• By Allen Dale "Ole" Olson   |   Monday, March 18, 2013 at 4:00 pm   |     |   Print   |   Permalink

After my wife said a wine we were sipping was a “bit oaky,” one of our guests asked how do we know when a wine is “oaky.” Fair question.

Many wines, if not most, experience some interaction with oak — during fermentation and/or storage, long-term aging, for example, so there’s bound to be an effect, mostly and in general, a positive effect.  There is continuing discussion about the virtures of various oak and widespread consensus that the best oak comes from France. But where in France? Limousin, Vosges, Allier, or elsewhere in France? Yet, some French producers prefer American oak or oak from Eastern Europe. Those who like American oak prefer Midwestern oak, especially from Minnesota and Wisconsin, though I have had barrel-makers harvest white oak off my own Hoosier property.

Regardless of where the oak originates, producers look for a couple of things — a porousness that allows for minimal evaporation and the character of its tannins. American oak imparts a more powerful flavor than most European oaks, and oak from the southern states is considered too “sappy” or “fruity.” Bottom line, however, is that wine needs oak but how much and what kind depends on the grape variety, the wine producing region, and the style of the producer.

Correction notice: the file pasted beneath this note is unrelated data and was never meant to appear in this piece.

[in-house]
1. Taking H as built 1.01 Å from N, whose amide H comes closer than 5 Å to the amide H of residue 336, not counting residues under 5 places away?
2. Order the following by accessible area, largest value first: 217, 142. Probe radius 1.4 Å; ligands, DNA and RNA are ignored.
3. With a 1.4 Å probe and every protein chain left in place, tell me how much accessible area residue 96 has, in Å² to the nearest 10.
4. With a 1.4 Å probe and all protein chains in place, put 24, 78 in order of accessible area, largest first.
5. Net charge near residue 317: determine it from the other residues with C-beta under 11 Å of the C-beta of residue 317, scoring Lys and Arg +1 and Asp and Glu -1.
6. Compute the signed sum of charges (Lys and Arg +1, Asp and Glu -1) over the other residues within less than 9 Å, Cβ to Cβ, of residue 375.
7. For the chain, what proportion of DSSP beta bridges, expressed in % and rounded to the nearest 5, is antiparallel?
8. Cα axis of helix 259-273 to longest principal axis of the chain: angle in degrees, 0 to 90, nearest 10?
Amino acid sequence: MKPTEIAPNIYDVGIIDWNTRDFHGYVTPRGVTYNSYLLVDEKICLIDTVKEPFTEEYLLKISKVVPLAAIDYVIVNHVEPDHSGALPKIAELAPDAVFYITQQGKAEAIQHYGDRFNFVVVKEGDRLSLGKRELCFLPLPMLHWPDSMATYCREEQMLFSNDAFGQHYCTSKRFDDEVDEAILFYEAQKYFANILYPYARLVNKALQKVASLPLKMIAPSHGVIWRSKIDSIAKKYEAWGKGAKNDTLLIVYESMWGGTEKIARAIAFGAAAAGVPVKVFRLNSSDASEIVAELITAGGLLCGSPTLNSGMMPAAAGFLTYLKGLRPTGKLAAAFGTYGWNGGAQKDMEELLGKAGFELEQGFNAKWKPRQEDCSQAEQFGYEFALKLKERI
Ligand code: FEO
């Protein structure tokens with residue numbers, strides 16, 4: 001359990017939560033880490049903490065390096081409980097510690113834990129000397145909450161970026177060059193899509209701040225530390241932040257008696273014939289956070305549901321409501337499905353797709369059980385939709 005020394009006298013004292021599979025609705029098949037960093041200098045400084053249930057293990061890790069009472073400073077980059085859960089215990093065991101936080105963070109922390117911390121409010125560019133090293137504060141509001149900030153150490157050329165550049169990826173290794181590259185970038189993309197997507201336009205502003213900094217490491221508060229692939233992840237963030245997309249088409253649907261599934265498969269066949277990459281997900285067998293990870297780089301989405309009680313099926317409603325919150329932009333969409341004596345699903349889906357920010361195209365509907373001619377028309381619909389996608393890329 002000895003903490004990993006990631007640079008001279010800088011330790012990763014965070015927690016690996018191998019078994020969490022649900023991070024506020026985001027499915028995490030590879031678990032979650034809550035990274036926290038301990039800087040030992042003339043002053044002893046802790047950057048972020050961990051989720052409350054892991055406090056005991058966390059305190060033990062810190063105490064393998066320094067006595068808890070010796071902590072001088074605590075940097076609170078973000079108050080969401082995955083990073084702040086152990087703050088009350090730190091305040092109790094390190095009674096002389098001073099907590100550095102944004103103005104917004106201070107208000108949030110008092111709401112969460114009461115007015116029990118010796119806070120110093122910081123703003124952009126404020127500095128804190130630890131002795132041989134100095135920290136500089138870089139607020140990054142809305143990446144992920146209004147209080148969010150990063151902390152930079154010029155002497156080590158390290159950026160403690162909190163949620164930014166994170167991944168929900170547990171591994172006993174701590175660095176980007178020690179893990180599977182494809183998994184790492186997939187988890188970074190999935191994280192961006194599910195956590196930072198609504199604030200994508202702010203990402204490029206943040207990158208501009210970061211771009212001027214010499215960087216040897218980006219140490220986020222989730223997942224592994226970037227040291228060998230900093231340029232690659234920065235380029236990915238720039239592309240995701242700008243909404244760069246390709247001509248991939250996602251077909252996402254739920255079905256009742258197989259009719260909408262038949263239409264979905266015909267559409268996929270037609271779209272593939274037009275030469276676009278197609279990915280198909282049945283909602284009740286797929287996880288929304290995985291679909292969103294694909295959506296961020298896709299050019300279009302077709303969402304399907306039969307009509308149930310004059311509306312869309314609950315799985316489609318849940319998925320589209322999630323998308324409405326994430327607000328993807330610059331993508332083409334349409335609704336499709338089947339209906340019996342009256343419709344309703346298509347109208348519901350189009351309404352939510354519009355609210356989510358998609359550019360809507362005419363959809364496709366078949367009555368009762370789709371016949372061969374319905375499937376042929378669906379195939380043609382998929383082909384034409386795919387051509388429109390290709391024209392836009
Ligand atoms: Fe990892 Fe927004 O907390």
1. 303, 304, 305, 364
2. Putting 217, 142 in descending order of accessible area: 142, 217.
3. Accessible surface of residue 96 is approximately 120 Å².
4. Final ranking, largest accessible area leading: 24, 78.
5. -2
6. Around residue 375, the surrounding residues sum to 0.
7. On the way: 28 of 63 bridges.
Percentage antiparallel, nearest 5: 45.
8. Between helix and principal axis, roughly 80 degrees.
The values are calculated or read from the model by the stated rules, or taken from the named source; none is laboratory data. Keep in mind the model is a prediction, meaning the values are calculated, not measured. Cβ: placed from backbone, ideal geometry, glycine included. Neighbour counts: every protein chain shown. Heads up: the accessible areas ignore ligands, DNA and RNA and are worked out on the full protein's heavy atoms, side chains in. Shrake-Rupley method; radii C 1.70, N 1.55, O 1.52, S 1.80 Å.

Since, however, most of us are not in the habit of tasting oak, how do we detect it in a wine, knowing that it’s a “bit oaky”? In a white wine, such as Chardonnay (a grape that loves oak), there will be traces of toast or smoke resulting from having been stored in newly “toasted” barrels. There will be a suggestion of wood, not unlike the aroma of newly-sawed lumber. If any of these flavors predominate, the wine can be described as “oaky,” though that flavor is also offset by the fruit flavors of the grapes themselves.

Red wines, like Cabernet and Merlot, and fortified wines like Sherry and Port, also profit from their life with oak, though the higher presence of tannins often diminish the smoky or woody flavors of the oak. Tannins? Well, they work with oak but make their presence known more by sensation than by taste. Tannnins tend to leave a drying effect on the palate, often somewhat bitter. They help preserve a wine but need time to harmonize with the other ingredients, hence the need to “age” red wines somewhat.

So if you detect a suggestion of toast or smoke, you have experienced the oak presence. Many palates prefer a strong oak presence; others, like mine, prefer a subdued oak presence. There is no right or wrong; there is your own taste, your own palate.

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